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House Speaker Talks Budget, Gets Tour Of Irene Damage
By Tammy Daniels, iBerkshires Staff
05:27PM / Thursday, April 12, 2012
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State Reps. Paul Mark and Speaker Robert DeLeo, center, pose with candidates for Boys' and Girls' State from Wahconah Regional High School.

Speaker Robert DeLeo was touring parts of the Berkshires and neighboring counties on Thursday.
DALTON, Mass. — The speaker of the House was impressed by the natural beauty of Berkshire County in his visit this week but Rep. Paul Mark was planning to show him nature's wrath as well.

"I'm taking him through Savoy, Charlemont, Colrain and Shelburne Falls ... and show him firsthand what happened," said Mark on Thursday of the hilltowns in his district damaged by last fall's Hurricane Irene. "Show him this is how far we've come in just six-seven months and this is what we still need from you."

House Speaker Robert DeLeo said the state has a system in place for supplemental funding for declared federal disaster areas but wanted to see for himself the pounding the region had taken. The federal goverment is reimbursing at 75 percent for the costs incurred and the state is looking to cover half the balance.

"We've set aside $10 million to cover the state's portion of the 12.5 percent that they definitely have to pick up," said Mark, but added the Berkshire delegation is fighting for the state to cover the other 12.5 percent so "small towns with no property tax base aren't stuck with this gigantic bill they can't possibly afford."

DeLeo attended Mark's birthday party on Wednesday night and was the featured speaker at the Berkshire Chamber of Commerce's Eggs & Issues Breakfast at the Wahconah Country Club on Thursday morning.

"You have more trees here than I have in my entire district," the Winthrop Democrat told an audience of about 65 that included students from Wahconah Regional High School, local leaders and state Reps. William "Smitty" Pignatelli and Tricia Farley-Bouvier. The event was sponsored by AT&T and David Mancuso, AT&T regional vice president of external affairs, spoke briefly.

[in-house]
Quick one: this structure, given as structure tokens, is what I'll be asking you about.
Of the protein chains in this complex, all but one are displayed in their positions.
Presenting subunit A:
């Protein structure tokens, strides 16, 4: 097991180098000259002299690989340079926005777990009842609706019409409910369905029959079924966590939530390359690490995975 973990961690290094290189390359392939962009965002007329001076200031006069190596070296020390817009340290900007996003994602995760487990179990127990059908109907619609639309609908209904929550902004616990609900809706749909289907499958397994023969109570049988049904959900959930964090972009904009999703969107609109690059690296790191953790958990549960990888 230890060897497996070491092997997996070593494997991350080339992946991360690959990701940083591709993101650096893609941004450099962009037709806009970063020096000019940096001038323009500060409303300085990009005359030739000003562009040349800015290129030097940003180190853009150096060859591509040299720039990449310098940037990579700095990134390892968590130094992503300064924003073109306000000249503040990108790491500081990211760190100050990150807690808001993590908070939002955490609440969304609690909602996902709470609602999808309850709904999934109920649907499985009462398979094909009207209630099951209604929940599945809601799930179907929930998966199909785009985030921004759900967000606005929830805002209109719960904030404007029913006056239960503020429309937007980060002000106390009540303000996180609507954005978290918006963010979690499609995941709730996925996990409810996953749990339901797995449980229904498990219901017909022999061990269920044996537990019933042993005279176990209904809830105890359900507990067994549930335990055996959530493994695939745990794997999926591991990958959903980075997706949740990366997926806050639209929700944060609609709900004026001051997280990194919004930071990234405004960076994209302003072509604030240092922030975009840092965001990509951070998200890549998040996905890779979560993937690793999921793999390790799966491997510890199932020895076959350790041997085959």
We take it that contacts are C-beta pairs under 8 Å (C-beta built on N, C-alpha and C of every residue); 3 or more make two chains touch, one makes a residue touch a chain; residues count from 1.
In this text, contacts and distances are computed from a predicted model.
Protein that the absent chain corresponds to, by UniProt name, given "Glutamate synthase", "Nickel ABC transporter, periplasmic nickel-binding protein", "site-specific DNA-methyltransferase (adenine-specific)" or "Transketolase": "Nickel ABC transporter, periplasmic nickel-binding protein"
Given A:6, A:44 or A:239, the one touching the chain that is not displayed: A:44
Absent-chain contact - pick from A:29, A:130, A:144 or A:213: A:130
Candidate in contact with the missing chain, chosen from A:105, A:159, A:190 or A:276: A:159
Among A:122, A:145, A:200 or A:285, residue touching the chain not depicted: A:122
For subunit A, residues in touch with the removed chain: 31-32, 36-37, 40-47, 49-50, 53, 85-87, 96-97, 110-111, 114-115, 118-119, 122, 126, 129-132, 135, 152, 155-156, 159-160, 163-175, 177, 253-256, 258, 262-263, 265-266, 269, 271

Massachusetts College of Liberal Arts' Denise Richardello thanks the speaker for supporting the college's under-construction science center.
"I'm proud of the fact I have a pretty good understanding of the Berkshires," DeLeo said, adding that when he had become chairman of the Ways and Means Committee, "that I had better learn in terms of what are the driving economic forces throughout the whole state."

Not surprisingly, DeLeo touched on the just released budget from the House Ways and Means Committee and spoke more broadly about the state's financial health.

"We've had a fairly successful year last year," he said, pointing to the state's healthy stabilization account and government leaders working together that placed Massachusetts at the top among states rated by Standard & Poor's. It was one of only two states that saw its bond rating increase and one of only four with at least $1 billion in stabilization. "The Senate president and the governor and myself may have disagreements at times but at the end of the day we all leave our egos at the door and we get things done in what we consider to be in the interests of the commonwealth."

He pointed pension system reform, municipal health insurance changes that have so far saved $90 million for cities and town, and an employment rate of 6.9 percent. "In terms of our economy, we are, I think, in better shape and I think once we really get ourselves out of this economic morass we found ourselves in, I think Massachusetts is going to be better positioned than many states."

DeLeo said the House budget draft for 2013 closes a budget gap of $790 million without any increased taxes or fees, including the $260 million in cigarette, candy and soda taxes proposed in the governor's budget.

"It was my feeling and the feeling shared by the chairman of Ways and Means, now is not the time to be talking about putting any increased burdens on people in particular by increasing their taxes," he said.

The budget draft includes $65 million in local aid that had been dependent in the governor's budget on any surplus and $164 million in school funds. Afterward, the speaker said cuts, efficiencies and use of stabilization funds were enough to offset new taxes.

A proposal to centralize the community college structure by the governor is not in it; rather, DeLeo said the budget measure will keep local control of community colleges but allow for better collaboration and more input from the executive office.

"If you're a Berkshire Community College, God knows, I think you know this area probably a little bit better than some bureaucrat in Boston," he said to chuckles.

Mark, who introduced the speaker, joked that he had gone to Beacon Hill with visions of political bosses in smoky backrooms and found instead a "great coach" in DeLeo.

"He listens to what we have to say, he asks our opinions, he solicits input," said the Peru Democrat. "He wants to know what's going on in the whole state."

Speaker DeLeo poses with AT&T's David Mancuso, left, and Reps. Tricia Farley-Bouvier, Paul Mark and William 'Smitty' Pignatelli.

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